I am having a hard time to play this etude quietly when I increase the speed to full tempo. I play it fast and relaxed but still my right hand seems too loud at that speed. Especially the first two bars, particularly when I play the black keys with finger 3 and 4 of my right hand. What are useful ways to practice the right hand to play quietly at speed? Trying to play trills but quietly? Staccato? Both hands or hands separated?

I watched the Paul Barton tutorial on this etude on Youtube where he introduces some exercises (from Cortot) like staccato playing. But I still have a hard time to reduce my volume in the right hand at full speed, even though I did practice the exercises. So I am not even sure, if these exercises are useful to reduce loudness or if they are just for finger dexterity and endurance.

Even though the notes are not that hard to play in this etude, it seems like one of the fastest etudes of Chopin (check for example Pollini's version) which makes it for me very hard to keep quiet dynamics (It is also easy to overpedal). Thank you for help.

  • 1
    Do you know the studies of Godowsky? en.wikipedia.org/wiki/Studies_on_Chopin%27s_%C3%89tudes Jan 27, 2020 at 20:08
  • @AlbrechtHügli Yes I know some pieces, but I thought they were much harder than the original Chopin pieces...?
    – Matriz
    Jan 27, 2020 at 20:28
  • Watch the video by Josh Wright: youtube.com/watch?v=IeHPlCcxm7E Apr 23, 2020 at 17:55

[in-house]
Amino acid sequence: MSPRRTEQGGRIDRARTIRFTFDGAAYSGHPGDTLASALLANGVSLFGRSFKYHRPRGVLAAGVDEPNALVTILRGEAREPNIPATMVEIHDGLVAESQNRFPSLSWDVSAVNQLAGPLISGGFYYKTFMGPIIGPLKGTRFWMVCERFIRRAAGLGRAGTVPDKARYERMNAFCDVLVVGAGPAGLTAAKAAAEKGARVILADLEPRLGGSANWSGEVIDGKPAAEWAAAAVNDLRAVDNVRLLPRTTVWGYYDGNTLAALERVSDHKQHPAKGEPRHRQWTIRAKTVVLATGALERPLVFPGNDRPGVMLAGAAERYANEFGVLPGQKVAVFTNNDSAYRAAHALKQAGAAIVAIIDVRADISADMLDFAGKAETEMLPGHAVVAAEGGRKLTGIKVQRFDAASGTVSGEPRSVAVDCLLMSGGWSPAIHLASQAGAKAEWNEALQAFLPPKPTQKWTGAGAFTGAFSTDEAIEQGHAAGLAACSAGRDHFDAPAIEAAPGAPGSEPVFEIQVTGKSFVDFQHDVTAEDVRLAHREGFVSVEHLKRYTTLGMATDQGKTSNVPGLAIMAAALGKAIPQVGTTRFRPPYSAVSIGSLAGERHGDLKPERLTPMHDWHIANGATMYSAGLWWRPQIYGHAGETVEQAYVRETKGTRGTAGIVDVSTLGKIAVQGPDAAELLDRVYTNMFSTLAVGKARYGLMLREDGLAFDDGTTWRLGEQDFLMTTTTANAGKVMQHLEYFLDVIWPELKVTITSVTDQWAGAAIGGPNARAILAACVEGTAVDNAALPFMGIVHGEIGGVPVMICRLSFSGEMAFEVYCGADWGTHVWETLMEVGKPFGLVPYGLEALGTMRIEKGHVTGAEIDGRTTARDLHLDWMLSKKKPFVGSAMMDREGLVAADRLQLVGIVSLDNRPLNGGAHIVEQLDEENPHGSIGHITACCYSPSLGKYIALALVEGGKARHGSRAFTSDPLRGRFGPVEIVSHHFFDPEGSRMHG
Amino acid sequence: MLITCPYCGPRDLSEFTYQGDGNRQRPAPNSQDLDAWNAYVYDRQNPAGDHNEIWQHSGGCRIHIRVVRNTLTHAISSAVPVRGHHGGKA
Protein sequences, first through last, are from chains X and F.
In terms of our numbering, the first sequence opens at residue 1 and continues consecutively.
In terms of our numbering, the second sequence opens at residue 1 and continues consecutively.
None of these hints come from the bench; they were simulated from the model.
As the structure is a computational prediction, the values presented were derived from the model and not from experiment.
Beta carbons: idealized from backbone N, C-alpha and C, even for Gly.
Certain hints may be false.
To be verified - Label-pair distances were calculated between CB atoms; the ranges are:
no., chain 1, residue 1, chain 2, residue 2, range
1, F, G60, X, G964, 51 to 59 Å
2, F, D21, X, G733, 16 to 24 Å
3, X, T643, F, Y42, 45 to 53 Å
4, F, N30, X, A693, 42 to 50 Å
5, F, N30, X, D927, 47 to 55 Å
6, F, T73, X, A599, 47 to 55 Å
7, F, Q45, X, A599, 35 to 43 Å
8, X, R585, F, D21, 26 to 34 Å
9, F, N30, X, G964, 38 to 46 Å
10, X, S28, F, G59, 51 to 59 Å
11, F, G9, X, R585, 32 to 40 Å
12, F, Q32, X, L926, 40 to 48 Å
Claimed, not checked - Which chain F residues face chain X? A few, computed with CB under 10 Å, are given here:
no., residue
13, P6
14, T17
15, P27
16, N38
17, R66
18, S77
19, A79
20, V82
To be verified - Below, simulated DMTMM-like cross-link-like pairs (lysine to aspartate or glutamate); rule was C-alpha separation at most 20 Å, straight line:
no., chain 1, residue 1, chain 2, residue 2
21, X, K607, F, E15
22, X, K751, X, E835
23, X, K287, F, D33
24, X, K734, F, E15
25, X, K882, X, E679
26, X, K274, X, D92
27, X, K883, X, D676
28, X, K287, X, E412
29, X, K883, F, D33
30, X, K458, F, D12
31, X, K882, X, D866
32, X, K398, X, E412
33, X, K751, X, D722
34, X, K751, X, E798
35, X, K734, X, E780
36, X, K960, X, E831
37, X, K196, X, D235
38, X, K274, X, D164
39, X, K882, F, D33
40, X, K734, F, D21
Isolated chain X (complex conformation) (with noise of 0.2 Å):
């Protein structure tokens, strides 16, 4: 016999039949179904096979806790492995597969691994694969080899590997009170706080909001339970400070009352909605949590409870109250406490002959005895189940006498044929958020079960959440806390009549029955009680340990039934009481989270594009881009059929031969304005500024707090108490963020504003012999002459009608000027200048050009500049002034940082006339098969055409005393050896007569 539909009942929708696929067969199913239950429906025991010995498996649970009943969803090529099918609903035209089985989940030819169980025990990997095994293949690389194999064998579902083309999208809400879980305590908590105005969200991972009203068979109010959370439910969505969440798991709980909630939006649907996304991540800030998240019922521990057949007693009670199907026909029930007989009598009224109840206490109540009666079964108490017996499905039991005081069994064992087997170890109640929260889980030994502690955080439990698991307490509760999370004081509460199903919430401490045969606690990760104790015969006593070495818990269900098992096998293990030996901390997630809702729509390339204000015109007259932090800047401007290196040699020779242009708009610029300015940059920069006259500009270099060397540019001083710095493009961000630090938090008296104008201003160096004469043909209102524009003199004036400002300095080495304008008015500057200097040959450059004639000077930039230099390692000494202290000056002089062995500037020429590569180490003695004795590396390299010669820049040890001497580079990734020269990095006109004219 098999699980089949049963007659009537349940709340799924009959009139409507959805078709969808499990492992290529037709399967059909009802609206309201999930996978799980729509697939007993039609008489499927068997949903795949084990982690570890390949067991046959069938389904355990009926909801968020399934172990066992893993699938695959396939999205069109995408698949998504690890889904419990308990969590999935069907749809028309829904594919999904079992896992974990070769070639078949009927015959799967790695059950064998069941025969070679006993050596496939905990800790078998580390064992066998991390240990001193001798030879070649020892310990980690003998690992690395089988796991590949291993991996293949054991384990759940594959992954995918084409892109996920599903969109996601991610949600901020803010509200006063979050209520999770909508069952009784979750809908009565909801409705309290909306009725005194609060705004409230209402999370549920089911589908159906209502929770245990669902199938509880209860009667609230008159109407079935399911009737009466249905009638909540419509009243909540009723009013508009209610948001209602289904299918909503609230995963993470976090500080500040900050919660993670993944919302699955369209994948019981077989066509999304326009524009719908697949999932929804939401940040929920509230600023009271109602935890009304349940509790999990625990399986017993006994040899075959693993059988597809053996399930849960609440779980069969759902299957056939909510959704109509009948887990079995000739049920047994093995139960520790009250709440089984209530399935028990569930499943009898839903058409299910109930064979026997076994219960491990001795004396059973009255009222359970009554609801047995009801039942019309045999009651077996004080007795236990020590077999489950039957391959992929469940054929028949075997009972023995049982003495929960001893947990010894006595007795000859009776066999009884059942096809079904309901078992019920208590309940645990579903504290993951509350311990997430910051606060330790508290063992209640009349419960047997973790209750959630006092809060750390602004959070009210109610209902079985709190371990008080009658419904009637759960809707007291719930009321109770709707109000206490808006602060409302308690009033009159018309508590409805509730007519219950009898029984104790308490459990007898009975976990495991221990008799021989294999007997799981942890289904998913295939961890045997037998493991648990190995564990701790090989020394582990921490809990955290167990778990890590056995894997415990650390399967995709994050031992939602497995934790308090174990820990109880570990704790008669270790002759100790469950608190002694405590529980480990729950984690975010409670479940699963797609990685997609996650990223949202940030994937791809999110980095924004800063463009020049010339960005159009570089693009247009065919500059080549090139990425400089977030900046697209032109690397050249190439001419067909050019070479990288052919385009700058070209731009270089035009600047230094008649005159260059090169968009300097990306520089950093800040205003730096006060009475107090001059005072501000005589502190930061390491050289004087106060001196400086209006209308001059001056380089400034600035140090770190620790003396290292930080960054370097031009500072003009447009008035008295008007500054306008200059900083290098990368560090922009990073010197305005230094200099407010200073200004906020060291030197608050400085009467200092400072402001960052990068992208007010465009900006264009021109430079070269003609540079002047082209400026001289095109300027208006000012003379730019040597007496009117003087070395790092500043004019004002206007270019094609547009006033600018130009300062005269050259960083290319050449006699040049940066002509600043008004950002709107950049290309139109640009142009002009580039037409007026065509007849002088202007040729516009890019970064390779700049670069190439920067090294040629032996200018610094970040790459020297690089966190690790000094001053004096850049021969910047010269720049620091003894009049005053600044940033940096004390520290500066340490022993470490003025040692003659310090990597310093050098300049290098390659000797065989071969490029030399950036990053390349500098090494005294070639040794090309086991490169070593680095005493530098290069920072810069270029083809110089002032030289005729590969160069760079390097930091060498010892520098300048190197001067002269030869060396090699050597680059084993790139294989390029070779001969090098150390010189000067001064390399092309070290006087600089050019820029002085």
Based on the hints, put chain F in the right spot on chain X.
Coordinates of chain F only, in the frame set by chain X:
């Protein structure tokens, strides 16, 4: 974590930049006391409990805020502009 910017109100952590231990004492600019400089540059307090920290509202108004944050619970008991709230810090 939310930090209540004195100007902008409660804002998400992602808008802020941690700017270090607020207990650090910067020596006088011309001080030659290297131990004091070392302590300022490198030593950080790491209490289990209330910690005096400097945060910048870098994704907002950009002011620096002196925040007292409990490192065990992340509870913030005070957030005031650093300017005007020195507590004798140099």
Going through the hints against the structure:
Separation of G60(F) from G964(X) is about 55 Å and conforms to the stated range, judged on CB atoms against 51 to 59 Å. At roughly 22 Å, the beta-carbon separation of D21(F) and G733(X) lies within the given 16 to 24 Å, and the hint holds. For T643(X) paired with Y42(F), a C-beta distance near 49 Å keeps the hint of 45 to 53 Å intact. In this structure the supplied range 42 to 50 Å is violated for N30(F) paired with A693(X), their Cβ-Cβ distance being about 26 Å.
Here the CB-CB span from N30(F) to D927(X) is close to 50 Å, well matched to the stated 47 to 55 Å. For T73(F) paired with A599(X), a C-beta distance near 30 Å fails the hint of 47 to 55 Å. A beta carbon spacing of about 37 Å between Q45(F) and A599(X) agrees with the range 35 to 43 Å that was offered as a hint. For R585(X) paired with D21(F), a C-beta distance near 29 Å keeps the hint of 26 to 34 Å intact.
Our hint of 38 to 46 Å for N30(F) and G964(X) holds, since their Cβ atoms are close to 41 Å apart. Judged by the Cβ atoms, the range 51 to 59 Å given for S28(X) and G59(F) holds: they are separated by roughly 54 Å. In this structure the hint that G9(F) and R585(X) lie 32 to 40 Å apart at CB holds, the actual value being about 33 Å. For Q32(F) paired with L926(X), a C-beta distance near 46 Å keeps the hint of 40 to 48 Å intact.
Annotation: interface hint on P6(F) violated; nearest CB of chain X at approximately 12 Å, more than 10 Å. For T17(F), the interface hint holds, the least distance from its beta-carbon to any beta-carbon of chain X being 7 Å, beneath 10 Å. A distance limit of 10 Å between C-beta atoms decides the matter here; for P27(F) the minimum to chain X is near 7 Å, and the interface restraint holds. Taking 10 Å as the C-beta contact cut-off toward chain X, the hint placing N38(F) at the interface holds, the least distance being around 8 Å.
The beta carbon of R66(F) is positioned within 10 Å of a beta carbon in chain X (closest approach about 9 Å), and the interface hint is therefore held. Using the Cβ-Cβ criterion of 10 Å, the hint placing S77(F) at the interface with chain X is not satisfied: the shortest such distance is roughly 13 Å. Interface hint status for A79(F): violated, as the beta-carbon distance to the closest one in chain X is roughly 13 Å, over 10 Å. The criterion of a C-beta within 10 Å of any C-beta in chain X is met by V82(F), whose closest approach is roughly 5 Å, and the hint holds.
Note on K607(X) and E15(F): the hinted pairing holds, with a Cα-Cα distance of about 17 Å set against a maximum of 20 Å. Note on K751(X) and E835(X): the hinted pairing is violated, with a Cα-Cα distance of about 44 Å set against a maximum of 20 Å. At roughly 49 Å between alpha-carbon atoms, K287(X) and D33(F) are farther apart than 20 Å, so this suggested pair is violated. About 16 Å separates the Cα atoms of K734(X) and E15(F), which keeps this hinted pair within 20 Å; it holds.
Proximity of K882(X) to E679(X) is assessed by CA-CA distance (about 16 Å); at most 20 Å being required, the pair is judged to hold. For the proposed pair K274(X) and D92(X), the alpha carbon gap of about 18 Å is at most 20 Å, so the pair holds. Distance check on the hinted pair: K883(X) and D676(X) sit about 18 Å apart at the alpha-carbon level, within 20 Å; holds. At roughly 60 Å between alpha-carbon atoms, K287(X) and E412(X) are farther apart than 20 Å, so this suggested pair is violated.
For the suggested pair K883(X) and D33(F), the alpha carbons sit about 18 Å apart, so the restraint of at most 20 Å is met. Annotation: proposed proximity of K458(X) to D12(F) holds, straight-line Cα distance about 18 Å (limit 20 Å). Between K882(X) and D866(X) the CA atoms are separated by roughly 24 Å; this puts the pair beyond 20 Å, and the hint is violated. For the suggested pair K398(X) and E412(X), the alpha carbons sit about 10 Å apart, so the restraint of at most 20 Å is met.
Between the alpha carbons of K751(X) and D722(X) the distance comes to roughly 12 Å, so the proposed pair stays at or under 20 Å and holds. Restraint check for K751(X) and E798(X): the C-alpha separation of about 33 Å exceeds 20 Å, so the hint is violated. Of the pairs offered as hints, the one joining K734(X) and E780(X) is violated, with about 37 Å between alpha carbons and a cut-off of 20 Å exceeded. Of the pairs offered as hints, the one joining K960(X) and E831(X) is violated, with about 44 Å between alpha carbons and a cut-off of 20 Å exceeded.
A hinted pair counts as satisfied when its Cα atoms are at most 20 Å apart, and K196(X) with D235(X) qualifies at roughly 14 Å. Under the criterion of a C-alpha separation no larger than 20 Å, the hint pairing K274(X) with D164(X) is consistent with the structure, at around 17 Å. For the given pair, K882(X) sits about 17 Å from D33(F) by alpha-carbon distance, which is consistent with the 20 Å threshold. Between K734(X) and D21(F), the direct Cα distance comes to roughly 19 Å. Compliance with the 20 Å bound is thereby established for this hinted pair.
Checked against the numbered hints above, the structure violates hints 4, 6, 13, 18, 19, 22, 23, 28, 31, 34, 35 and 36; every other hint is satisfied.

• @Haversine I know that video, but this doesn't help much. Trust me, once you play this piece. There are so many things you have to master, if you want to play it at somewhere close as for example Pollini.
    – Matriz
    Jul 13, 2020 at 21:26
  • That is the only video I watched and I became proficient at it.... I got second place at an international competition (first place played op 10 no.4) Jul 14, 2020 at 1:34

2 Answers 2


What I can advise to you (I have the same problem every time when I learn a new piece) is to make sure you listen to how you're playing, try and relax your wrists and don't hit the keys. I had this problem when I was younger and my teacher always used to tell me to relax my wrists. If you're playing from you're wrists, then you have no control over the notes. I hope this helps you and best wishes with your piece P.S. when I say relax your wrists, I mean to loosen your wrist an make it go floppy (not too floppy so it literally flops off the piano) but to make your wrist a bit more flexible


If the Cortot-Barton video is helpful for you, great. If not -- here's a different approach:

You can work with the piece directly, grouping the written notes in a variety of ways, repeating a given grouping several times, until fluidity is achieved. When you've gotten comfortable with the pattern of notes in the group, your brain will be able to send one signal for each group, rather than one signal per note. This allows one to play with gentle fluidity and no unnecessary tension.

I found the score here.